I'm usually pretty good about maintaining our cloth diaper stash. Then I was miserably pregnant. Then I had a baby. Then I realized that my 6 week diaper stripping routine had flown out the window, and my diapers reeked of ammonia. Ugh! Ammonia is all the bane of all cloth diapering families. It's difficult to remove, causes painful rashes, and stinks to high heaven. Rest assured, though- you can get your diapers back to brand new, even after a run in with ammonia.
Labels: cloth diapers
In case you missed this post, we have some allergy drama around our house. At the urging of our allergist, we switched from our homemade liquid laundry detergent to All Free and Clear, which I hate!!!! Seriously people. I'm pretty sure plain tap water would be more effective than the All. So, we used up the stuff we bought and went back to making our own. After all, our version is free of all additives, dyes, and fragrances. Why not?
But... After bringing Mrs. Meyers counter top spray into our house (read my review here), the hubby got a taste for cleaning supplies that smell good. He asked if we could find a compromise homemade laundry soap that smelled good. I wasn't willing to use the amount of essential oils it would take to use in every load of laundry. I love them, but they're a little pricey. That's when I started the research. Lots and lots of research.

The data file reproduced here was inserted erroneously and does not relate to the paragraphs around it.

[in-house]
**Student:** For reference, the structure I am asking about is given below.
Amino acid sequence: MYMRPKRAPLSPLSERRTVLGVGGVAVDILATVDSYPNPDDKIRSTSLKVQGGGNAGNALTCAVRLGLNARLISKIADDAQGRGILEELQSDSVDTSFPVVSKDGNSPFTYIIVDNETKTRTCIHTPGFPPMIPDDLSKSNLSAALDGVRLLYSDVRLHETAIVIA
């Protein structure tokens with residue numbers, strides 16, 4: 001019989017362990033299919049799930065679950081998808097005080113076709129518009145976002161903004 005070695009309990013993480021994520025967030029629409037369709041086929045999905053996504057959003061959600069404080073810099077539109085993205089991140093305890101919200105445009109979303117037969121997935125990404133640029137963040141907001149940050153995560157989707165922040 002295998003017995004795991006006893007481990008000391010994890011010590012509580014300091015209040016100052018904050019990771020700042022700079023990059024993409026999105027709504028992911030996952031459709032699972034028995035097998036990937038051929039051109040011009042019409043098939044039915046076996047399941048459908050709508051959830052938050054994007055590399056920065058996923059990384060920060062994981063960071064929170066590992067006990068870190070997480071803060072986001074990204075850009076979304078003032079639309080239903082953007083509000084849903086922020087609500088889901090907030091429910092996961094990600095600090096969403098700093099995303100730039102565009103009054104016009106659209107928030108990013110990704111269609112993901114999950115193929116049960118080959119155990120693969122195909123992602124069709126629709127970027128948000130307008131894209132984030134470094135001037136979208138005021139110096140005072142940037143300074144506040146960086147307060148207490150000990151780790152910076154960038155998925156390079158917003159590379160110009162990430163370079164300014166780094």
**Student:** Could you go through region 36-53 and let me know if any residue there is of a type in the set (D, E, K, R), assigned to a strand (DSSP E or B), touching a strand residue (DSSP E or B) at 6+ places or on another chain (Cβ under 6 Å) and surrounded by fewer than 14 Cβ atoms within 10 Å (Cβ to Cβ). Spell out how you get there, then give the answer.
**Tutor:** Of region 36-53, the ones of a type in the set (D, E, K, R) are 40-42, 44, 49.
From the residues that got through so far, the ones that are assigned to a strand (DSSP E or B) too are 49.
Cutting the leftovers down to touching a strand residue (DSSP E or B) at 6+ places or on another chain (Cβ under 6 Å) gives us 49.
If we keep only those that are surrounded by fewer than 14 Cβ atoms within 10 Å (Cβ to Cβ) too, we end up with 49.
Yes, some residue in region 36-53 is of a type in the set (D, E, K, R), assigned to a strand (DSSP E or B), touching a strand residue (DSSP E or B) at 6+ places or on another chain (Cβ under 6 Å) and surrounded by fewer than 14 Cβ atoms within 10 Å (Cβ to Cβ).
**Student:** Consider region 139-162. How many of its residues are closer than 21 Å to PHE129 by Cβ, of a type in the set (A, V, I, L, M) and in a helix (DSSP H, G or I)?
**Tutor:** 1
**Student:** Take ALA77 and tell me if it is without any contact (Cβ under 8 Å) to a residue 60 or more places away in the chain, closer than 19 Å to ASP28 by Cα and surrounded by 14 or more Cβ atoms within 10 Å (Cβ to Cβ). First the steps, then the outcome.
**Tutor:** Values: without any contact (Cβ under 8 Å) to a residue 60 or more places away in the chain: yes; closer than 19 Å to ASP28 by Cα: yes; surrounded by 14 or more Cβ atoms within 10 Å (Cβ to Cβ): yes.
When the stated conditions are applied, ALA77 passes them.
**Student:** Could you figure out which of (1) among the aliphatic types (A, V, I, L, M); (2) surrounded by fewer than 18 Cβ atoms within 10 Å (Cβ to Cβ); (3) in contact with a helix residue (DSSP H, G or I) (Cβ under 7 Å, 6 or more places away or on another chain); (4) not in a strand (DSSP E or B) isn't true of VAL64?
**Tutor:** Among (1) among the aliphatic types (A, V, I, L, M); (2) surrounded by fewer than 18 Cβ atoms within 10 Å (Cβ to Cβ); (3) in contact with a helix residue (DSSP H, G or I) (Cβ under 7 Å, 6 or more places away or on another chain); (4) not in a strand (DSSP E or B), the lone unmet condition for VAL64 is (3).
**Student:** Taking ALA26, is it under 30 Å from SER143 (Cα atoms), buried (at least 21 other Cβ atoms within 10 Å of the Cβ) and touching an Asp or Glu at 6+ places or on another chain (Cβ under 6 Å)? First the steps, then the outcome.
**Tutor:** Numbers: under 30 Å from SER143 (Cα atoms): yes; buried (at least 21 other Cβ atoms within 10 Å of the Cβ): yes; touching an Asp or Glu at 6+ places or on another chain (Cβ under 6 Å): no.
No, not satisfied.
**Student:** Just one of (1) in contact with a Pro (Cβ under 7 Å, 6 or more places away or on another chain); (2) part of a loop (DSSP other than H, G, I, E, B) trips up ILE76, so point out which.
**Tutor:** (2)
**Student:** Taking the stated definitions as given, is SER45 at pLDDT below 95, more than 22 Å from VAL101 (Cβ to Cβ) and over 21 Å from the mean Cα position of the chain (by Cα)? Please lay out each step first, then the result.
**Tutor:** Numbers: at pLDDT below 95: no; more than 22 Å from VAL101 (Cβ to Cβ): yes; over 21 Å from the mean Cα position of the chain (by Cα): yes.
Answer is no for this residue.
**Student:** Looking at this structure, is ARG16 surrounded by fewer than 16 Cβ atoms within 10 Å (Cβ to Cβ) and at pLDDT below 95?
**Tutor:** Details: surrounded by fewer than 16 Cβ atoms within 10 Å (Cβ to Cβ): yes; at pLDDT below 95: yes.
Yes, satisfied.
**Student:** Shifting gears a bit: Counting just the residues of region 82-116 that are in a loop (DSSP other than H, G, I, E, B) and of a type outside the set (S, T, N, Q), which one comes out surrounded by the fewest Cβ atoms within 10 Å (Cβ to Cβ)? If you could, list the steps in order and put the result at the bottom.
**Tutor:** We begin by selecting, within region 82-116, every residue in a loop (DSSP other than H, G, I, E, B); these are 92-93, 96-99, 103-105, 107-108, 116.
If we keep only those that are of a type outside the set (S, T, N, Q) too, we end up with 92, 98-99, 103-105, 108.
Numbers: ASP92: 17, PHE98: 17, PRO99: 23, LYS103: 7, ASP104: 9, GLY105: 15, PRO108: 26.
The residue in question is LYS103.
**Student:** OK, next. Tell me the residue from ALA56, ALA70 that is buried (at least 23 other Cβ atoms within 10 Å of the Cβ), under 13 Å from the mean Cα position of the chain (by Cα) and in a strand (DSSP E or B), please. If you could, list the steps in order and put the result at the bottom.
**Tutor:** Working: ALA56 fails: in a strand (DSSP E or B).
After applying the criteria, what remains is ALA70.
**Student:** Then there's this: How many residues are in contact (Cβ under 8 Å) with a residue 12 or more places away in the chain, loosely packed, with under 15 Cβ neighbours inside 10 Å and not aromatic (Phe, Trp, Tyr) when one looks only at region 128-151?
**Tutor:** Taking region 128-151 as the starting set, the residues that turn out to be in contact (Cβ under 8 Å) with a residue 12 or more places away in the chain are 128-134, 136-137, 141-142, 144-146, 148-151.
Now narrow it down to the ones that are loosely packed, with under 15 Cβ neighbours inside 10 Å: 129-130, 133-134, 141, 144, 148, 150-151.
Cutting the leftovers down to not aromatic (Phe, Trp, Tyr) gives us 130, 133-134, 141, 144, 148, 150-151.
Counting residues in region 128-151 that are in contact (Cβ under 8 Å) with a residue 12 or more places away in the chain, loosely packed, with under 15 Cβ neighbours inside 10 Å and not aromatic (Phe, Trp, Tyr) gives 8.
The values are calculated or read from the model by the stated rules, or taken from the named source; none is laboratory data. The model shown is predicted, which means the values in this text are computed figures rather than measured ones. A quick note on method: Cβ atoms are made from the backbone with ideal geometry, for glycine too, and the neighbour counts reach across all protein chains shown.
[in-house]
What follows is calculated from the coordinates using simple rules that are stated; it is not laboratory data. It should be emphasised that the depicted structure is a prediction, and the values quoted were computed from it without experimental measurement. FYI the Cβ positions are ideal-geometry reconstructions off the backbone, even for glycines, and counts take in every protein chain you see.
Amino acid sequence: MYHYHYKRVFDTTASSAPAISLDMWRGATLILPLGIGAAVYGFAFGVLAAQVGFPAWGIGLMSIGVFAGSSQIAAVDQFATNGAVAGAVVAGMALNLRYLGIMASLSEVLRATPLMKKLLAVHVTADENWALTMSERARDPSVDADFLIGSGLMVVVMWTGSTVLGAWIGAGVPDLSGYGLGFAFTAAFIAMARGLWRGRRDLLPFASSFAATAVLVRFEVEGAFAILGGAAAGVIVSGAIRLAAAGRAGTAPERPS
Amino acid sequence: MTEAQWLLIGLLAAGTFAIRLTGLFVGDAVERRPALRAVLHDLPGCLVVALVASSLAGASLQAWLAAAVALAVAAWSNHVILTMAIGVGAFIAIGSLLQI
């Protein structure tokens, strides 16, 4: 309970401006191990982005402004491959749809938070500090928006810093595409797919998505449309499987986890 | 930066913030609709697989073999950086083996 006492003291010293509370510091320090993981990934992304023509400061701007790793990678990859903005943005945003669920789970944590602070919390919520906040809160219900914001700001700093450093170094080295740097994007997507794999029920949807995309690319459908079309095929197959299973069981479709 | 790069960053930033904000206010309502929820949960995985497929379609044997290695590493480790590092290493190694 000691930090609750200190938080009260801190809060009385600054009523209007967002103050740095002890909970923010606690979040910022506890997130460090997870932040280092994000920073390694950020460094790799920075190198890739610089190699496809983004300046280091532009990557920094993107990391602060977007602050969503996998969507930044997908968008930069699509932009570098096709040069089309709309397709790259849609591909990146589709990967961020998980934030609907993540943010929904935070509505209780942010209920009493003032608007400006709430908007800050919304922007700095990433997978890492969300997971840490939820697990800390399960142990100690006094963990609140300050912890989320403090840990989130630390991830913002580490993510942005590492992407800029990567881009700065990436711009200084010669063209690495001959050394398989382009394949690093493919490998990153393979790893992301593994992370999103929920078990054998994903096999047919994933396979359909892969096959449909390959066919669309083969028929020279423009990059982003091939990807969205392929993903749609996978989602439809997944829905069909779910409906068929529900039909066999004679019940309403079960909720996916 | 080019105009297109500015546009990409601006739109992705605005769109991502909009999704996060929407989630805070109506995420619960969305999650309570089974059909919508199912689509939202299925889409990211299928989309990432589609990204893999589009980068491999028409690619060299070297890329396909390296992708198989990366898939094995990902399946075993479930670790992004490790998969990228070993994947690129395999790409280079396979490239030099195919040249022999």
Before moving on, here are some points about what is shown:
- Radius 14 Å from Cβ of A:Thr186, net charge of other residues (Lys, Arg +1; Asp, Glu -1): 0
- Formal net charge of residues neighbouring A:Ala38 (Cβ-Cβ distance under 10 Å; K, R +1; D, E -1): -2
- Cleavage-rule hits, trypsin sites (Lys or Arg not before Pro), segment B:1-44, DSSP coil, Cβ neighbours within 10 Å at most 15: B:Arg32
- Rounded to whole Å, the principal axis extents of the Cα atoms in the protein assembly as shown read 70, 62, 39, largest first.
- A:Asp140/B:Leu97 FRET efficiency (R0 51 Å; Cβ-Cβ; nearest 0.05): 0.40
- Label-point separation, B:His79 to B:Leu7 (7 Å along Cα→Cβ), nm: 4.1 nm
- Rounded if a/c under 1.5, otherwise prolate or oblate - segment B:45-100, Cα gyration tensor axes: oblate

What you need to know...
All homemade laundry detergent recipes are variations of the same ingredients- borax, washing soda, baking soda, oxygen bleach, fels naptha bars, and scent crystals. Everyone has a good reason for using the ingredients and proportions they choose, but I'm here to tell you it really doesn't matter that much. We played with this recipe for months and didn't see much difference.
If you want to make your own powdered laundry soap, I give you permission to play around with the recipe (as if my permission meant diddly squat). You really can't screw this up too much. Here's what we ended up using, mostly because I had all the ingredients readily available.
Powdered Laundry Soap
2 cups Borax
2 cups Washing Soda
2 cups Sun oxygen bleach
1 bar Fels Naptha, grated
1 cup Purex Crystals for Baby (hypoallergenic and dye-free)
Mix all ingredients in a large mixing bowl. Store in a air-tight container. Use 2 heaping tablespoons per load.
A few notes*
- This will not suds up and get all bubbly. We've been trained to think that bubbles=clean, but they're usually the result of chemicals. Don't worry about the lack of suds; this stuff gets the job done.
- We use Sun Oxygen Bleach instead of Oxiclean because it contains less additives. Sun is pure oxygen bleach and Oxiclean is half oxygen bleach and half detergent. Sun is also cheaper.
- To grate Fels Naptha easily, run your cheese grater under hot water for 1 minute, dry thoroughly, then grate the soap using a small grating pattern.
- The Purex crystals are completely OPTIONAL. This is what makes it smell good, but also makes it less "crunchy". It's the compromise part of this recipe for my family.
For even more tutorials, follow the Moderately Crunchy Blog Tutorials board on Pinterest.
You might also like:
DIY Laundry Solutions
Create Your Own Green Cleaners